Despite the fact that 85 percent of the Israeli population, according to a poll published by The Jerusalem Post, was opposed to Israel agreeing to release 104 prisoners with blood on their hands, a decision was made earlier this week to do so. Now, the family members of victims of terror are protesting — loud and clear.
In the past week, there have been handfuls of rallies outside the Knesset and Prime Minister Binyamin Netanyahu’s residence calling for an about-face.
“I am fed up,” said Sherri Mandell, mother of Koby Mandell, a 13-year-old American boy who was murdered by a Palestinian terrorist near their West Bank home in 2001. “Everyone is fed up.”
Koby Mandell’s little sister, Eliana, told the JT, “The loss I feel is not that he was murdered, it is more of what could have been. Because he was murdered he won’t be at my wedding. He won’t be at my graduation. I am older than my oldest brother now. That does not go away no matter how many years. It just gets worse.”
Similarly, Avi Bromberg, whose uncle, Israel Defense Forces Sgt. Avraham Bromberg, died in 1980 at the age of 20, four days after being attacked on his way home from a Golan Heights base by Arab terrorists, said he cannot excuse the government’s decision, and he does not believe it will bring peace.
“I think … the chance for peace is small,” he told the JT. “The minute Abu Mazen comes with requests like this, it closes the door to peace. Peace comes when the two sides come together without pressure, when they sit and talk. There should be no release of murderers. Murderers belong in jail.”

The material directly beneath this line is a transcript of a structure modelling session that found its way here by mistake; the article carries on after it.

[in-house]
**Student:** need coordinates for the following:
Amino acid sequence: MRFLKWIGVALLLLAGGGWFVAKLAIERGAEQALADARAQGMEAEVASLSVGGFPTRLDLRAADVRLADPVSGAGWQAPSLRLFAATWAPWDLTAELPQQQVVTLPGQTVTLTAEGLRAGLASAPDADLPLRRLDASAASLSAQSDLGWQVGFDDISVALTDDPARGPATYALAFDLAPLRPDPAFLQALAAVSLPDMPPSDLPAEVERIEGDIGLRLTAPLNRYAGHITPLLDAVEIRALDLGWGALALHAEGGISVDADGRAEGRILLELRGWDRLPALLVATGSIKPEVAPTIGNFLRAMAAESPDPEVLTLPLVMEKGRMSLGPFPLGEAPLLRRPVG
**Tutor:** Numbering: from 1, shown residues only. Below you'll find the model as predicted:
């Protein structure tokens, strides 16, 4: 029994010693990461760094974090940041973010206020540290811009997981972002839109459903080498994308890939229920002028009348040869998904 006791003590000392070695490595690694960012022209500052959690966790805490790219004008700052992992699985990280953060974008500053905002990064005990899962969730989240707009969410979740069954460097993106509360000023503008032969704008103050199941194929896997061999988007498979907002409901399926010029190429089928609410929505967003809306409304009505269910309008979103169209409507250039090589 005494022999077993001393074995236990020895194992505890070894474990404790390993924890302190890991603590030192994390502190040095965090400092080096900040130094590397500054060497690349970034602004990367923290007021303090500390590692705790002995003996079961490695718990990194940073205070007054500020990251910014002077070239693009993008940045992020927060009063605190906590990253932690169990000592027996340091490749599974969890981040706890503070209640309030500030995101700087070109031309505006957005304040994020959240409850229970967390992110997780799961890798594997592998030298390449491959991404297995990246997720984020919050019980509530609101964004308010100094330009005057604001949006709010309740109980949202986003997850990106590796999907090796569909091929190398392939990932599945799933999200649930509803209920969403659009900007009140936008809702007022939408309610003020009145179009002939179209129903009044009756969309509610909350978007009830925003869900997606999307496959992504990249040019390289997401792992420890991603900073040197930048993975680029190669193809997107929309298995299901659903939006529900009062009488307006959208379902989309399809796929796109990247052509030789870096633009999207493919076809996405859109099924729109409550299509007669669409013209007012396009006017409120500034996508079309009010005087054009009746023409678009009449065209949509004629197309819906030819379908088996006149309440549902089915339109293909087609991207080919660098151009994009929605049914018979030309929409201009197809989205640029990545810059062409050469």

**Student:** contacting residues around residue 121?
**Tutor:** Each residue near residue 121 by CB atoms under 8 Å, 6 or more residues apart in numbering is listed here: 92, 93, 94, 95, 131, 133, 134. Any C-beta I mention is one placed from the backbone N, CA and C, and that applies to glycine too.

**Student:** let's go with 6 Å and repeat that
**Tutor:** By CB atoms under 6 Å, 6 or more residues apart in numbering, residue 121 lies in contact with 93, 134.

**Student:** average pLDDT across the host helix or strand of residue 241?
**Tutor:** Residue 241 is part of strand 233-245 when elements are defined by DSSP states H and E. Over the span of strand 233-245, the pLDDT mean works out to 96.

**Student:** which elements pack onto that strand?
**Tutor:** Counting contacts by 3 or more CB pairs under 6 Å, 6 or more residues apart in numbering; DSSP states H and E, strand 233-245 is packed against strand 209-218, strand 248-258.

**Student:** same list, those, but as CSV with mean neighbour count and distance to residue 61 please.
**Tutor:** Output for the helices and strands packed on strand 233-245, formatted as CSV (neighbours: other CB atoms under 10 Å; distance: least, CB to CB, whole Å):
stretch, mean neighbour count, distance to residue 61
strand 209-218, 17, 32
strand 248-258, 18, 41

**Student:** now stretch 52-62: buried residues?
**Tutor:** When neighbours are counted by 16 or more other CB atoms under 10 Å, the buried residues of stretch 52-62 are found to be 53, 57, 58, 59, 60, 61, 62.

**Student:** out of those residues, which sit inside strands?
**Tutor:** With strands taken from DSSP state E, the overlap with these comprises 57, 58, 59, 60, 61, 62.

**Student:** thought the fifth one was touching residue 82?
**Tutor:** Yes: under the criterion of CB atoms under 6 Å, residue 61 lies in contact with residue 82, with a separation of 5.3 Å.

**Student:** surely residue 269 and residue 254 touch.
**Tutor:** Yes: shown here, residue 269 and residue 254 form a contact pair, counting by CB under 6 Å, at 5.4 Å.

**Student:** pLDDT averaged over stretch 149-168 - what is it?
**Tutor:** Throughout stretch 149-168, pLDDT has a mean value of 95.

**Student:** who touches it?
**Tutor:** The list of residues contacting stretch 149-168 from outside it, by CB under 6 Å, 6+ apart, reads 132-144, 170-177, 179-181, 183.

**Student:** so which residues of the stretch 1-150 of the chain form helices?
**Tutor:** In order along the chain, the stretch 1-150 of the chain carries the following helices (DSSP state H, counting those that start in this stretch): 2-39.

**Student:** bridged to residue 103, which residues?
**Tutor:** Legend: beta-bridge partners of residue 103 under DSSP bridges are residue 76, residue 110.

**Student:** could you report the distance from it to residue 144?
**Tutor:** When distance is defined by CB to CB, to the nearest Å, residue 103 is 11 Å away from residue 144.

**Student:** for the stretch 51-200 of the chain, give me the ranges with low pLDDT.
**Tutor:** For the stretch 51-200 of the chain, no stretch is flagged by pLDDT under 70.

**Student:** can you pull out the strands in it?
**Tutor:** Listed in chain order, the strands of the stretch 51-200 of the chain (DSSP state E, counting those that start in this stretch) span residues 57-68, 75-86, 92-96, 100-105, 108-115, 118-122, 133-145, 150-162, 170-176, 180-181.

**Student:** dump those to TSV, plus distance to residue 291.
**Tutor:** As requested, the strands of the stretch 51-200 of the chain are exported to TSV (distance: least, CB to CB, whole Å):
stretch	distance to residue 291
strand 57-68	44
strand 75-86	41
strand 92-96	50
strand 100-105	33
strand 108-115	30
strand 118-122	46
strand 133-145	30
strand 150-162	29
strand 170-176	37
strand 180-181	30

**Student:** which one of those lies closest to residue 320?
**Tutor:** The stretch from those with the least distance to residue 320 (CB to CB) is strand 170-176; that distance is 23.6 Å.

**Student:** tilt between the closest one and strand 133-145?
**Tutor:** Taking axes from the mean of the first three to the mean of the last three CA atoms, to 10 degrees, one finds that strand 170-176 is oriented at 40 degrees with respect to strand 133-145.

Bromberg said he finds Kerry’s pressing for this release hypocritical and asked if the same thing could happen in the United States.
American-Israeli Shlomo Katz posted on Facebook an image of the faces of many of those Israelis murdered in the last decades whose killers stand to be set free. He spoke with the JT and said he thinks the hypocrisy is reaching “unheard-of levels.”
“Who could demand such an insane request from Am Yisrael?” he asked. “Hundreds of families had to suffer the excruciating pain of burying their beloved parents, grandparents, siblings, children and loved ones. Today, they have to not only relive the painful horror of murder, but begin to wonder what was it that their loved ones gave their lives for in the first place.”
Katz said the fact that the government made the choice to move forward despite the public’s cry makes him feel that the community’s voices are not heard.
“At a certain point,” said Katz, “You start to give up on a belief in the strength of your voice.”
See also, At Peace.